The first judge

Robert F. Sweeney: District Court's chief judge oversaw creation of Maryland's lower court system.

July 20, 1999

FOR the first quarter-century of its existence, Maryland's District Court system and Robert F. Sweeney were synonymous. He gave birth to it, nurtured it and watched it grow into a highly competent and efficient judiciary handling 2.4 million cases annually with 99 judges, 1,300 employees, 35 courthouses and a budget of $90 million.

It is a professional and well-run operation, thanks to Mr. Sweeney, who was chief judge of the District Court from its inception in 1971 until his retirement in 1996. Gov. Marvin Mandel pushed through legislation and worked to gain voter support for the new system in 1970, but it was Mr. Sweeney, who died Saturday at 72, who welded together a statewide court network and gave it integrity.

It wasn't easy. District courts replaced a patchwork of highly political and corruption-riddled lower courts that varied in number and quality from county to county. It included justices of the peace, trial magistrates, People's Court judges and Baltimore City's Municipal Court judges. Nearly all of them were appointed by the governor with the approval of the local state senators.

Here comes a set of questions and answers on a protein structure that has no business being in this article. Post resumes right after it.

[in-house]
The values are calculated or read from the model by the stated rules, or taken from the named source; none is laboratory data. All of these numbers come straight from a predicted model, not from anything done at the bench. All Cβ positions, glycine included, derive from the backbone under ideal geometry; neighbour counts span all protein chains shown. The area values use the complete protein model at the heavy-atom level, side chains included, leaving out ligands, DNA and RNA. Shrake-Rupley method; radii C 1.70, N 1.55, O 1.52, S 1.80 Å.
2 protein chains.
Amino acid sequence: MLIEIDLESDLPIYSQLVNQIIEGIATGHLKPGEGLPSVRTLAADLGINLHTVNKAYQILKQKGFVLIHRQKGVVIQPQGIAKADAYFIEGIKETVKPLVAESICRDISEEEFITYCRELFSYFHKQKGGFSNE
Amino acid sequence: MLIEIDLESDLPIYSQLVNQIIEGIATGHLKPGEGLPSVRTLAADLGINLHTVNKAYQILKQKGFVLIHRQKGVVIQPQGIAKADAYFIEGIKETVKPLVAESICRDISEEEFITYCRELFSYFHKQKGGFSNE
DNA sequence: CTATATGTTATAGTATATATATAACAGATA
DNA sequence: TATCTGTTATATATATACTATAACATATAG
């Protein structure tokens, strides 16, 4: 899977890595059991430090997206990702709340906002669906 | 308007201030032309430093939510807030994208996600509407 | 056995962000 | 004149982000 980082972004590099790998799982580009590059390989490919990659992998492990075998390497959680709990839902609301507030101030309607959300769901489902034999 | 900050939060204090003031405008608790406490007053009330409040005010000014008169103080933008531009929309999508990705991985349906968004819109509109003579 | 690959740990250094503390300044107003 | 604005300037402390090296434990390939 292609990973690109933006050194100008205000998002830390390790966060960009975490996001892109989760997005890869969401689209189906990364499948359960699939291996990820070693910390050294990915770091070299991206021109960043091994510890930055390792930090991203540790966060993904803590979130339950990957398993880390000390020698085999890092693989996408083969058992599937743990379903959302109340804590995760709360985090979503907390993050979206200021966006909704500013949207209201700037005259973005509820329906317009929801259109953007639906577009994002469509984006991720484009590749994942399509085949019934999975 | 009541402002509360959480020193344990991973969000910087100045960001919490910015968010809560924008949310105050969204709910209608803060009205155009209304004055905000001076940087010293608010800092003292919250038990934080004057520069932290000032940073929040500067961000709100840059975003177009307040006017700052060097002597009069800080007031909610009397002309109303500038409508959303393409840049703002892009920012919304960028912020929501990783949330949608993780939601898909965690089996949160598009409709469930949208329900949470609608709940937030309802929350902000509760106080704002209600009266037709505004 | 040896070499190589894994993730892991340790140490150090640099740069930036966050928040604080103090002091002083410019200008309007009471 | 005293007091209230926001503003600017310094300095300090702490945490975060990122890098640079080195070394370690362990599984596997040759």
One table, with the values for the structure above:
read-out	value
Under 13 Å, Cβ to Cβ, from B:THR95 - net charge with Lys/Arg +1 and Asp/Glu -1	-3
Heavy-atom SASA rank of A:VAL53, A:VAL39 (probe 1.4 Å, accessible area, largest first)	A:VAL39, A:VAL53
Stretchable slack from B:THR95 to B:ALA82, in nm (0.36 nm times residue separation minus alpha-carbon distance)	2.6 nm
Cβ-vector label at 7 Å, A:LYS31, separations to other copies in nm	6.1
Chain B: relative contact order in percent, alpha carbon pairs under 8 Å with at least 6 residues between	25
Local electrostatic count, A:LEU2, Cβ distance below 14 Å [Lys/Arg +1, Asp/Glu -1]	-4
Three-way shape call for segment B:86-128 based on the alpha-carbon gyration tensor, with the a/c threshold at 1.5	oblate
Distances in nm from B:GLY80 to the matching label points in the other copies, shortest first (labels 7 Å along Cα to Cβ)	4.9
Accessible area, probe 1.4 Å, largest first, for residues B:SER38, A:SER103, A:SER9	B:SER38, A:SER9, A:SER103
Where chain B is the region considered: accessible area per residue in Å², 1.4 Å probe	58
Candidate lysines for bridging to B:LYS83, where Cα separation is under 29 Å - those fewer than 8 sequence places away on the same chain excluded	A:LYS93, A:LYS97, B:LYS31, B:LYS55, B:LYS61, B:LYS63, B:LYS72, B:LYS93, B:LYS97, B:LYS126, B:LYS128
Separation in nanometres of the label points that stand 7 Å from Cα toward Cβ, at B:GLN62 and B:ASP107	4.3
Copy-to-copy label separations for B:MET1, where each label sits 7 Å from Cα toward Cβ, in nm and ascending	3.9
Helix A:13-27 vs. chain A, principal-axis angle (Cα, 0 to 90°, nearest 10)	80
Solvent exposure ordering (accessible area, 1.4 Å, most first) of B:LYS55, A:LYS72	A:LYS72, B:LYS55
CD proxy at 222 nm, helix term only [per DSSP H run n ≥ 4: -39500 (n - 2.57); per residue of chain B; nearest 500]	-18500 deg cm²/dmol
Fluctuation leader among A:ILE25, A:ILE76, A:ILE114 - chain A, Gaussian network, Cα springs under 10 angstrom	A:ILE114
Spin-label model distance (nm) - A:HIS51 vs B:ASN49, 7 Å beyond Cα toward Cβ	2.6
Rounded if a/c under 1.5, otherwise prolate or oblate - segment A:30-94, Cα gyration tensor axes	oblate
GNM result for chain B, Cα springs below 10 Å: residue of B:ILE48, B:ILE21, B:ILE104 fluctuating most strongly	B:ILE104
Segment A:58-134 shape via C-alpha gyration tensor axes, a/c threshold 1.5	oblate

The new District Court took much of the politics out of the selection process by giving power to a judicial nominating commission that sends the governor a list of finalists for these 15-year judgeships. Mr. Sweeney proved a tough but fair boss for his judges.

Today's uniform system of lower courts owes much to his management skills and political talents. He lobbied for years for free-standing District Court buildings that didn't share space with the local police force, so defendants wouldn't view judges as an appendage of the arresting officers. He usually got what he wanted, thanks to his jovial nature and a finely honed sense of politics he had polished in six years as deputy attorney general.

Some experts consider the District Court system the most far-reaching judicial reform in Maryland this century. Judge Sweeney deserves most of the credit for making it work so well.

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